How is file size even relevant for print production? The whole point is to retain as much resolution and quality as possible by using the standard PDF-X specifications. Of course you can still tweak the output, but without more specific information nobody can really advise and it will end up being "out of spec" quite likely. We would have to know things like contents of the file and assets used and what exactly the print facility wants. Insisting on a PostScrip-based legacy workflow doesn't bode well...
I need to correct my question: I dont need the small pdf for printhouse but for other purposes.
Printhouse I usually use just told me the way to do it.
As Mylenium states using distiller is outdated technology. From Indesign use the PDF/X-4 preset for print. For circulation to others I use (and I'm not saying it's the best but it works for me), the High Quality Print preset then save I it as a Reduced Size PDF (using Acrobat Pro).
I would not concern myself with reducing the file size for risk of effecting print quality.
Export as a PDF/X series and send to your printer.
No to be short but if you have a printer telling you to go to .ps and then use distiller, find another printer.
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Well, OP clearly enough states he needs it not for printing...
The final size of pdf highly depends on the actual content of your ID file and Export settings, you'll need to experiment a bit.
If your ID file has a long history, saving it as .idml (exporting to - in earlier versions) OR moving the pages into a new file and then re-exporting PDF can bring the size down.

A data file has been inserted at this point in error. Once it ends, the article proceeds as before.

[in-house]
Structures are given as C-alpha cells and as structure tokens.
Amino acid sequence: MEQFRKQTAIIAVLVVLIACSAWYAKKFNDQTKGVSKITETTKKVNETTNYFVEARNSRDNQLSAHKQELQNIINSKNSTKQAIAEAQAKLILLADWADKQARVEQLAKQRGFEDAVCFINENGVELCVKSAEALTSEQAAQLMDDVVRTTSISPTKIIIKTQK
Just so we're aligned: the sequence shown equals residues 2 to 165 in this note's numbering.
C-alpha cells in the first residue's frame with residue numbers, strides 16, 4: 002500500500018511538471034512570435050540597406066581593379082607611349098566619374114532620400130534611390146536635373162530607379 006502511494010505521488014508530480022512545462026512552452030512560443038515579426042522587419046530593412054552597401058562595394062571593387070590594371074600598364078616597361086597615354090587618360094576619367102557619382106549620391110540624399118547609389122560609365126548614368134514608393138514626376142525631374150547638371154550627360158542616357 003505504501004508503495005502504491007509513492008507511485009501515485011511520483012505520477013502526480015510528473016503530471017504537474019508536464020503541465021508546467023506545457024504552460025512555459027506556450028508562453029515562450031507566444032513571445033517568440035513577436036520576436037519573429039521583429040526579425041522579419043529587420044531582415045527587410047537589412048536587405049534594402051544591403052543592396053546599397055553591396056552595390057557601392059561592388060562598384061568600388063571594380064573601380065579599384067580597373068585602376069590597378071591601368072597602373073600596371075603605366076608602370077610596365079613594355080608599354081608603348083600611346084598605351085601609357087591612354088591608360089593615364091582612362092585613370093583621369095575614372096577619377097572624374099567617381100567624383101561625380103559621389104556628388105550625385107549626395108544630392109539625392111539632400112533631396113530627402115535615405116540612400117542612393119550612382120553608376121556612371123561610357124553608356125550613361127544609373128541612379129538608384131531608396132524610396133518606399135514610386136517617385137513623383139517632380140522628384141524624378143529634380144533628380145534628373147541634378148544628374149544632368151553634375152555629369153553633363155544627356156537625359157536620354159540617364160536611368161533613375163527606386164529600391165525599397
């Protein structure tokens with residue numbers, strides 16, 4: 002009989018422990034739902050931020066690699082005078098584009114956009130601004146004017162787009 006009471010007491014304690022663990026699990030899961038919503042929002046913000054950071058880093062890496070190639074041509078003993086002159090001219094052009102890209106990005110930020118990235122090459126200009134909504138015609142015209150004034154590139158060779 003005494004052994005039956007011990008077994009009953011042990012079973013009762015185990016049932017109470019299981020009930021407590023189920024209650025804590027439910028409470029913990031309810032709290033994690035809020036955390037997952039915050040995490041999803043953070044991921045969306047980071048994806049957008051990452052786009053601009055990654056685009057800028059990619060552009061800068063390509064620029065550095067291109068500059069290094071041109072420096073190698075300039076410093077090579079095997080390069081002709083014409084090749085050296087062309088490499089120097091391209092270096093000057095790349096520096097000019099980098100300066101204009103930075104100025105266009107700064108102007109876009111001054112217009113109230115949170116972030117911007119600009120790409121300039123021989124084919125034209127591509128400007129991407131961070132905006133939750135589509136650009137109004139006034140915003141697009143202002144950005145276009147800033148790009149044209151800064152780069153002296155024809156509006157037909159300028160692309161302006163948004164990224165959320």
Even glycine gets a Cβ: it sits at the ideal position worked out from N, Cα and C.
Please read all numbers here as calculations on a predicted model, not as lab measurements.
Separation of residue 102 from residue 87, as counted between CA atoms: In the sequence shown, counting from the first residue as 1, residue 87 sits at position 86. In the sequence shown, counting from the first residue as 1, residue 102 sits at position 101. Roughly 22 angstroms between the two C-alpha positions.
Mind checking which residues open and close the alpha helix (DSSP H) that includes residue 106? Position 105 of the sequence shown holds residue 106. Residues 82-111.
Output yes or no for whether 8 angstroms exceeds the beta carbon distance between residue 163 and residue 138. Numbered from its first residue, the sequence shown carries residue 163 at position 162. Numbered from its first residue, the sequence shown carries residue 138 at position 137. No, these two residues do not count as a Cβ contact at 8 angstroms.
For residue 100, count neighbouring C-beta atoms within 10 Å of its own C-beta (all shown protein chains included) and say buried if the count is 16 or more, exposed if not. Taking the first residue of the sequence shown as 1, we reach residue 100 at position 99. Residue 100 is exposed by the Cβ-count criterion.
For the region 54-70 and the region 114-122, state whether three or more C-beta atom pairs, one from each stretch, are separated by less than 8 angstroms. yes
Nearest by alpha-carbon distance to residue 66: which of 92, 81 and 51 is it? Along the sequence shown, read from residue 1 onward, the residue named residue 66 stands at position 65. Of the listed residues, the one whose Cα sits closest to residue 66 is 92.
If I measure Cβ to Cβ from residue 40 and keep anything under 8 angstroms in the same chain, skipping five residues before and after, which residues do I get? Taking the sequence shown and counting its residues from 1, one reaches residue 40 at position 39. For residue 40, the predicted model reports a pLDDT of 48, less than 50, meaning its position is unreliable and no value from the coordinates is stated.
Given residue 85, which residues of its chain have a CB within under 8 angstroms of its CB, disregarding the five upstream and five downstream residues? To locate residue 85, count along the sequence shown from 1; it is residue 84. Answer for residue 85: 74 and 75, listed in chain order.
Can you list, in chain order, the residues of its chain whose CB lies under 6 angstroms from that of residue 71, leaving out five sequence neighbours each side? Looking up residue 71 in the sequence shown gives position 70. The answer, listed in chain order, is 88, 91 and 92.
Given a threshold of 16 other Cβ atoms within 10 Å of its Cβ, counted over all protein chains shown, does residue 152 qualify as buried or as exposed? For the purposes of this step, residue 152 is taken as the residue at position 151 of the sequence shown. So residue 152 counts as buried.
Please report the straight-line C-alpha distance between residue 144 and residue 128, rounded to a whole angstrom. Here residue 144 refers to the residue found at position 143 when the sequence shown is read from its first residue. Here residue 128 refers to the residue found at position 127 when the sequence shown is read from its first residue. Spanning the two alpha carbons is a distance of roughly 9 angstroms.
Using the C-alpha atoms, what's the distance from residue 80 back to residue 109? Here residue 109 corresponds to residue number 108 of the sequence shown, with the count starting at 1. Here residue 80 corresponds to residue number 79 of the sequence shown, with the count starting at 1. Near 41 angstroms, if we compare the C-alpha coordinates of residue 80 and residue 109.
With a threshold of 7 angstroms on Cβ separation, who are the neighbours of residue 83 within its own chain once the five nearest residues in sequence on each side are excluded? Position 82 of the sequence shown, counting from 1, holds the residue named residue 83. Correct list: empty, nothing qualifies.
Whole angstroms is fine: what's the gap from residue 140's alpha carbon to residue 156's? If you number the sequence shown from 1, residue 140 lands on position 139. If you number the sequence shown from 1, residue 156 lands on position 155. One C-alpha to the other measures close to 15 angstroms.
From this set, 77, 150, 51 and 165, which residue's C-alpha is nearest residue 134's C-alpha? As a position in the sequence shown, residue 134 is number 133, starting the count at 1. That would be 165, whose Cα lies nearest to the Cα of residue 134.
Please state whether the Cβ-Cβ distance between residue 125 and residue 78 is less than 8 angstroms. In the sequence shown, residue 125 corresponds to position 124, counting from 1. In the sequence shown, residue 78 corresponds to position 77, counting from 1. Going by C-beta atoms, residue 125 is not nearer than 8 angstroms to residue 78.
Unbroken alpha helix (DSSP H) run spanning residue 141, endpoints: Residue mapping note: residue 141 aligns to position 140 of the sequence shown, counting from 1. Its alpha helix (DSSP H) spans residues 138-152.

Complex vector drawings can add a lot of MBs to your pdf, too. Consider rasterizing them before placing in ID. Don't touch placed raster images - it's useless.
On actual export:
(1) Choose export options that downsample images to lower resolutions.
(2) Choose export options that use lossier compression for raster images. Typically, the predefined export options use Automatic (JPEG) Maximum quality compression. Changing the Image Quality from Maximum to High or even Medium may yield acceptable results, but you should experiment.
(3) Make sure to check the Compress Text and Line Art option.
(4) Check the Crop Image Data to Frames option.
(5) Convert all colors to RGB, consider not including ICC profiles (if your materials aren't 'color sensitive')
Use PDF Optimizer in Acrobat (File > Save As Optimized PDF...). There are six tabs. Usually you'll gain a little from the upper three (Images, Fonts, Transparency) if your Export settings were correct. It's worth activating Discard Objects, Discard User Data, Clean Up.
Before hitting OK you may want to take a look at Audit space usage... at the upper right corner of the dialog box (especially Document Overhead line).
And did I mention, that you'll need to experiment? Since results may vary, it depends on the source.
I think it is important to highlight what impacts the pdf file size.
Pictures are usually the elements that will 'cost' you the largest amount of memory. Sadly the only way to reduce significantly the file size is to adjust the compression of the images. As a result, the quality/sharpness/colors of the images will be affected. I recommend that you experiment with the settings described in an earlier answer to finding which suit you best and save them as a preset for future reuse.
If you insert a video, you will generate a larger pdf file. The export panel (see above) does not include compression settings for video, you should compress the video before inserting it. My experience is that, even after using very strong compression to a point where the quality is drastically reduced, the pdf is still quite large.
I experimented with different export settings and different fonts, I didn't find any way to reduce significantly the pdf size for a document with mostly text.
If you plan to upload your pdf, you might consider breaking it up into several 'chunks'. Each file could have a link to the next part, which would avoid a long wait by the users to open the whole larger single file.